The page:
There are a lot of sketchy business practices within the video game industry: Loot boxes, pay-to-play and other microtransactions have all been heavily criticized by the gaming community. Gamers usually have to deal with small annoyances like these every now and again, but The Culling: Origins‘ new business model might be the worst in gaming history.
Video game developer Xaviant is planning to charge players a fee if they want to play more than one match a day in its new game. This is after gamers buy the game for $5.99. Players will have to either buy token packs or weekly/monthly passes just to play a game they already bought. The only way to get around the match fee is to place first in the game.
Video game fans are up in arms about Xaviant’s new business model and for good reason. This practice is extremely greedy and insulting to the gaming community.
The Culling is actually a 2017 video game series that helped pioneer the battle royale genre. The game came out right when the PlayerUnknown’s Battlegrounds and Fortnite craze started taking off. Both games quickly overshadowed The Culling as the game started to hemorrhage its already small player base.
A sequel to The Culling released in 2018 but failed almost instantly. Many gamers view the game’s failure as the biggest video game flop of 2018. Now the series is making a comeback with its absolutely horrid pay-to-play-to-pay-to-play business scheme.
The fact that Xaviant expects gamers to buy matches after purchasing The Culling: Origins is ridiculous. Charging for additional matches even if the game was free to play would still be preposterous. Paying a monthly subscription or buying a battle pass is one thing but, having to pay to play a game someone already purchased is borderline insulting.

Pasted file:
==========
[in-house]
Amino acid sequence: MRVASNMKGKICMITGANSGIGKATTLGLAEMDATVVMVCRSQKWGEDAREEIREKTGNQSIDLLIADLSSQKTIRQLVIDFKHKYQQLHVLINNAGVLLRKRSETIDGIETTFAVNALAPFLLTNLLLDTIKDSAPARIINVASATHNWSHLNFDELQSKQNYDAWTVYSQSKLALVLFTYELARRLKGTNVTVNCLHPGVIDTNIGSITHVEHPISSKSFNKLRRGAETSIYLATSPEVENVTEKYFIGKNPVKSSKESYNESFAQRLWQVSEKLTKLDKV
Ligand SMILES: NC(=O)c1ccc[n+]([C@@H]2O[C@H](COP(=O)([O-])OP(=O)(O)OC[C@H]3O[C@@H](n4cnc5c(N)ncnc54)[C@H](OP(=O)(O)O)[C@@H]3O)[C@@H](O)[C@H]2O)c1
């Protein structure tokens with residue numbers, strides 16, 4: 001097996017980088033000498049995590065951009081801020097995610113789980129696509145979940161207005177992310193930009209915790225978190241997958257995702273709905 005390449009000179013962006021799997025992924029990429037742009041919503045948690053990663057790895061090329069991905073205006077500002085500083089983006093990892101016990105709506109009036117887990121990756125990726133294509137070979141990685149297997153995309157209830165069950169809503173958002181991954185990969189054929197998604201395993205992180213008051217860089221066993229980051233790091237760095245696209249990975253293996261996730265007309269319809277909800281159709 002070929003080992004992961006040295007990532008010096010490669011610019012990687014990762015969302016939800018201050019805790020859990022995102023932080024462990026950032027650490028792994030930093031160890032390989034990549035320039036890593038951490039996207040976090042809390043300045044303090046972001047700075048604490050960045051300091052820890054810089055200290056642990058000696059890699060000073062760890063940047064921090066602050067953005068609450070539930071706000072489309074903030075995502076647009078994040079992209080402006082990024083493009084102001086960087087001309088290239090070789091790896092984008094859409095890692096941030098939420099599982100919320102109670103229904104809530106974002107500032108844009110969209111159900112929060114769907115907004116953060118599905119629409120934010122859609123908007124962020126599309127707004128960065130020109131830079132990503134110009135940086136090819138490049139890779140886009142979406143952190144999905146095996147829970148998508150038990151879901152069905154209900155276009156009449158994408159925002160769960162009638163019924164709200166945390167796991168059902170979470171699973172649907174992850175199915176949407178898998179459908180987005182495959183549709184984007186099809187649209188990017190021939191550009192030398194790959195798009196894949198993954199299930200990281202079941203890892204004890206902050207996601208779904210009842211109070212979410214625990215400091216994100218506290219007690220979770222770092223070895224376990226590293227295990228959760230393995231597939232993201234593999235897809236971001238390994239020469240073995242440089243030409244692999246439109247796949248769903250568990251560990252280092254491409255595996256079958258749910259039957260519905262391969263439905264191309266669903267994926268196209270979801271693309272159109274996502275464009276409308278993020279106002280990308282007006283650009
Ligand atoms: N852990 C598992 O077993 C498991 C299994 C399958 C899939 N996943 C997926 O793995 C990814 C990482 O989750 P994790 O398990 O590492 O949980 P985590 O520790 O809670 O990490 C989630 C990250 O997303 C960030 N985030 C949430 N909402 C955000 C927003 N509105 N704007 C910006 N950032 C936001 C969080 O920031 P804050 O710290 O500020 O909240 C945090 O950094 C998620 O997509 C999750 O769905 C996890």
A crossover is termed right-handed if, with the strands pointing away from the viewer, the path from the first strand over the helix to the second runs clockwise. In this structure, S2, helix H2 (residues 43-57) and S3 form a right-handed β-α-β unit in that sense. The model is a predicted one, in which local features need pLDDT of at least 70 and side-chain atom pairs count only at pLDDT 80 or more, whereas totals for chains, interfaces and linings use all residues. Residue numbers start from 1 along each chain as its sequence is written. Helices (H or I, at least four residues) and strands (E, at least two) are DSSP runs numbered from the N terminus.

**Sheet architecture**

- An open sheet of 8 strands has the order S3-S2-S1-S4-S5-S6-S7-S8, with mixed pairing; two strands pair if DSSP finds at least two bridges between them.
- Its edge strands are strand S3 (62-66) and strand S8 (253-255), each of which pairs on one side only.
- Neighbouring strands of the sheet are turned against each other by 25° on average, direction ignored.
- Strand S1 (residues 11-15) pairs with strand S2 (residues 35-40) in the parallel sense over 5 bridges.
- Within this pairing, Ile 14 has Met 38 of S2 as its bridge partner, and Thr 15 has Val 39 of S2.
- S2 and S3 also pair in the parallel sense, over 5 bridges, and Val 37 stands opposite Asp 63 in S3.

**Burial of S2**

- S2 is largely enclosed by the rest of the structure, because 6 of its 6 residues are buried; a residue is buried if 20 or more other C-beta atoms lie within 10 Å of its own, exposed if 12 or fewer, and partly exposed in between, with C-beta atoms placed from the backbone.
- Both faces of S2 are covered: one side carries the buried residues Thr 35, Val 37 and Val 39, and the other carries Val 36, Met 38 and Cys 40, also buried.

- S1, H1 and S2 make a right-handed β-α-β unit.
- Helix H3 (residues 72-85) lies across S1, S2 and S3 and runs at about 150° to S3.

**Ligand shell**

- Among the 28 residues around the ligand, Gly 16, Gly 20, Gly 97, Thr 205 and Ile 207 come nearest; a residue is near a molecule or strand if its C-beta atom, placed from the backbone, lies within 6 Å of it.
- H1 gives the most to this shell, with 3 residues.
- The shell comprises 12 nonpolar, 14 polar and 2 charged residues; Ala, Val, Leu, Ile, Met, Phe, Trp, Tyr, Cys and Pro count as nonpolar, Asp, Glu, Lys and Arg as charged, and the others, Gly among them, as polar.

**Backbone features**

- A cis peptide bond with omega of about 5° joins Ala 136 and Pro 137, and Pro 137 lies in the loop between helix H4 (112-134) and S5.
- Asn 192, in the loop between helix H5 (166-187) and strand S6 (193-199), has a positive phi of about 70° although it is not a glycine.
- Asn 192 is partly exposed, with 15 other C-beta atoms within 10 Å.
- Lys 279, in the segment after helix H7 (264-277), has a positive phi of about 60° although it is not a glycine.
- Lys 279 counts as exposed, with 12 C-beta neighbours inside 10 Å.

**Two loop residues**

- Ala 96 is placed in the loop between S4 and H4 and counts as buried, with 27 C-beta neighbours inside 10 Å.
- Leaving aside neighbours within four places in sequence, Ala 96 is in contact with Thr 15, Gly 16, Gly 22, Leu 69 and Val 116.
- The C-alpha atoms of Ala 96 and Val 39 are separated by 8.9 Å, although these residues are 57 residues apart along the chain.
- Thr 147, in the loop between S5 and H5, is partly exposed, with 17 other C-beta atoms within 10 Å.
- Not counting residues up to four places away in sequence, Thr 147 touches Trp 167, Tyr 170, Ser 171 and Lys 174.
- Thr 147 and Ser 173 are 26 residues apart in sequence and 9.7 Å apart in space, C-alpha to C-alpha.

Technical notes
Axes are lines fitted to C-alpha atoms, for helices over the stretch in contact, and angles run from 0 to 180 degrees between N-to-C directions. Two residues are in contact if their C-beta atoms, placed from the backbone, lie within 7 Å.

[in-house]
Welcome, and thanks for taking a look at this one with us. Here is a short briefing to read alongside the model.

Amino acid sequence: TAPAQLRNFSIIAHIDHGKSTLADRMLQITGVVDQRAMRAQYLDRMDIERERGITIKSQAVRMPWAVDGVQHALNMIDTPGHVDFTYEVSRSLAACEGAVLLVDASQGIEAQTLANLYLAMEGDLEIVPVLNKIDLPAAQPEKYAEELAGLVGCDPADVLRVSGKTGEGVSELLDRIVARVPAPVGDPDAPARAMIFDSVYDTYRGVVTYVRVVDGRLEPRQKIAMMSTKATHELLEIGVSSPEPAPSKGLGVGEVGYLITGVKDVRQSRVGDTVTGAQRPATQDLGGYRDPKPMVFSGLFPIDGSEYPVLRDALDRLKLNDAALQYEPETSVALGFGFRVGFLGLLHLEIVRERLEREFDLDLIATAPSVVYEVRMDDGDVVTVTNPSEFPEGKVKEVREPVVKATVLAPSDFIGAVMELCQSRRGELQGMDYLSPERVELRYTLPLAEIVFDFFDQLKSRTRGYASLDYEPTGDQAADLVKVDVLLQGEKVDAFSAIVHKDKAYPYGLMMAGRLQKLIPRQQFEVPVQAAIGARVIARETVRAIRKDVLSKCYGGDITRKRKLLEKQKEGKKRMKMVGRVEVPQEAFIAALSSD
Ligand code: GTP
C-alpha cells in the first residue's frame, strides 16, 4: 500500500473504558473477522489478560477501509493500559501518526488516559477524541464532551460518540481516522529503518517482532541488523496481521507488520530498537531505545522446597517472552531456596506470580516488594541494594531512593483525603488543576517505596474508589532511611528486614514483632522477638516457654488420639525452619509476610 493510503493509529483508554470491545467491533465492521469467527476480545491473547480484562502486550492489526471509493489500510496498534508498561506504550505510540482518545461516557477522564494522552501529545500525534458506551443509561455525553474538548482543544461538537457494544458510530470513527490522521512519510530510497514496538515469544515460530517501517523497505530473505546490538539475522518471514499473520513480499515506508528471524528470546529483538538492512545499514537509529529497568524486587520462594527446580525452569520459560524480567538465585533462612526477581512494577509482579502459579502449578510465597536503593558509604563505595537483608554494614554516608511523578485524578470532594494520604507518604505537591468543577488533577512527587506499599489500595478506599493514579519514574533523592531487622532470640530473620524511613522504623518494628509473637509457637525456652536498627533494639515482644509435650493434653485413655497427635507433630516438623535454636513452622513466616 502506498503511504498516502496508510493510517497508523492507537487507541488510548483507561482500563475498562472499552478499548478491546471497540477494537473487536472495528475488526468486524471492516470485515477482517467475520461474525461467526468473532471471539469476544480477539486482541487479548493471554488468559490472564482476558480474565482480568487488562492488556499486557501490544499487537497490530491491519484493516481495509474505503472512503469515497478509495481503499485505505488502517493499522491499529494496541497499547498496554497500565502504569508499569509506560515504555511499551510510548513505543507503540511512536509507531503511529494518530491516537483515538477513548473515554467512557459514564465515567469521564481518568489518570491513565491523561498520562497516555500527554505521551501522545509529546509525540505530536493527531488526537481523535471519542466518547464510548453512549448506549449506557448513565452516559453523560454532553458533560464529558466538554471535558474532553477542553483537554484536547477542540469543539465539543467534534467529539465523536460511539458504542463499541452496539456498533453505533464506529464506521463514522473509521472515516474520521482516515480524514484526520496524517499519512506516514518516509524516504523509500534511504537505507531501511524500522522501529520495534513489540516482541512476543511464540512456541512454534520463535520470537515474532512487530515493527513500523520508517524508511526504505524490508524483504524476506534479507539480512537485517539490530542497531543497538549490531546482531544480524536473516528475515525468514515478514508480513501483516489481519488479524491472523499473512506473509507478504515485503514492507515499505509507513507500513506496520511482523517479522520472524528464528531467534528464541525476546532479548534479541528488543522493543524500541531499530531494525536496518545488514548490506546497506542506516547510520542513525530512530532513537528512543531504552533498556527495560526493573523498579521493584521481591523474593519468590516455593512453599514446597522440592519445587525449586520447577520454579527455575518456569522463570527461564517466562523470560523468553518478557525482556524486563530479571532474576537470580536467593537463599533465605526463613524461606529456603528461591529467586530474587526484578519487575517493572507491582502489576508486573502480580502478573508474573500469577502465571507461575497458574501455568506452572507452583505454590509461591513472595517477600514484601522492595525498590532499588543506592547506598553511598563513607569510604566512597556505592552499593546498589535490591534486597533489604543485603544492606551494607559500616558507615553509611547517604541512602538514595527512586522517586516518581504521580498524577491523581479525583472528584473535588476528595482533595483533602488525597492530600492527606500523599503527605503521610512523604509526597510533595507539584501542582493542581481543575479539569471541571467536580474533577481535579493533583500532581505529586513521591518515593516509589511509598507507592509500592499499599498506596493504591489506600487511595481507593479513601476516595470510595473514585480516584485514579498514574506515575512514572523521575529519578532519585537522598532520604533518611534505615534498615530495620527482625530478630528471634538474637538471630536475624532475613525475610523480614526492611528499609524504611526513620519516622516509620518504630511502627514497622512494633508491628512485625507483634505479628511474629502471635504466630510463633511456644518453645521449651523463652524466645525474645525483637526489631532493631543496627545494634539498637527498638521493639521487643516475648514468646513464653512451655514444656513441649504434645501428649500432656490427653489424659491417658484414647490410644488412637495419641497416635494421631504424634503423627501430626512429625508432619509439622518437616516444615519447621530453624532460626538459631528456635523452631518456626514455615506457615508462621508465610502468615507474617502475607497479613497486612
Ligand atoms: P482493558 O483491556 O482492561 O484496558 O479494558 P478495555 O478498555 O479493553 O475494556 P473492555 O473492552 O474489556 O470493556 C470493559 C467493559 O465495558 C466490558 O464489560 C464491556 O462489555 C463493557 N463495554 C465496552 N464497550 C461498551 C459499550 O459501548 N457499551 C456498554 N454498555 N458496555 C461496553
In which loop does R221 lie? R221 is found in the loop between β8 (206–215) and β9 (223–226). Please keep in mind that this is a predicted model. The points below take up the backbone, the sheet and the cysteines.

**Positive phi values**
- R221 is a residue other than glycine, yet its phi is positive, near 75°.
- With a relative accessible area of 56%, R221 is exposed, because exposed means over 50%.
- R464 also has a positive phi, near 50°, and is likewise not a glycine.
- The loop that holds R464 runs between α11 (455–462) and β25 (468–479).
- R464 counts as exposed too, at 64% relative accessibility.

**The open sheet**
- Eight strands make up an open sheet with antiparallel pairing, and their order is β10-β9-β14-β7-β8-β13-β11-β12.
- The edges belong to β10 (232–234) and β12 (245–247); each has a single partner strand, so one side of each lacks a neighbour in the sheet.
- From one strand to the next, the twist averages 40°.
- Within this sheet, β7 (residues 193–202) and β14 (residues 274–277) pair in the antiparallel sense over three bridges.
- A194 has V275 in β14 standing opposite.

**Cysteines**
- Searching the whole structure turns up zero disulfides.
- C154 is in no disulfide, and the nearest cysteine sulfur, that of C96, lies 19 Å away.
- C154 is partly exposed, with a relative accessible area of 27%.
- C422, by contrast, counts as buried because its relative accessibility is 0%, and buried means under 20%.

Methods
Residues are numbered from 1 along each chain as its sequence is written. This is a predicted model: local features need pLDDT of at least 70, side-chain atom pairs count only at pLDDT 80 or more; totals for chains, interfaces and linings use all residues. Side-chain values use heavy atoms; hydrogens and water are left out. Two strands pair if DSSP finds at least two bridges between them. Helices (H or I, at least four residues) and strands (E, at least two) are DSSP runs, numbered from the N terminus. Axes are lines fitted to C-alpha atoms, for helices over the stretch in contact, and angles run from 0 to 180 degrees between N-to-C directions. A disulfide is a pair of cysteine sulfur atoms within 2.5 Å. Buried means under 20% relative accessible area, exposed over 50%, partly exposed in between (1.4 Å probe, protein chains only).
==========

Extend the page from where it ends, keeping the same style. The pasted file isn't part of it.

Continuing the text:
Players can die within minutes of starting a match in many battle royale games. Expecting them to buy another match when they didn’t even have the chance to fire their weapon is exceptionally greedy.
This sort of conniving business practice will do the exact opposite of what Xaviant wants it to do. It will leave a bad taste in the mouths of gamers, causing many to boycott the game. Some fans will go as far as labeling Xaviant as a greedy, repugnant company that takes advantage of gamers. While a select few mega-fans might buy The Culling: Origins, it’s safe to say many will avoid it like the plague.
Xaviant’s Scroogelike business practices will do nothing but hurt The Culling: Origins and potentially the whole video game industry. More companies could start implementing these types of shady business practices if The Culling: Origins becomes successful. The chances of this happening are very slim, but that doesn’t mean it couldn’t happen.
Gamers have already seen plenty of malicious business methods from big-name companies, so implementing these sorts of microtransactions wouldn’t be all that surprising. Hopefully, these kinds of business practices will die off before becoming the new norm in the video game world.
The Culling: Origins may have the worst business model in modern gaming. Xaviant’s pay-to-play-to-pay-to-play policy shows just how greedy video game companies can be. Gamers shouldn’t have to buy matches when they already purchased the game. Xaviant must do something drastic if it plans on saving the game as well as its company image. However, it may already be too late. The Culling: Origins looks like it might be dead on arrival.
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The Culling: Origins might have the worst pay-to-play model in the history of video games. Here's why.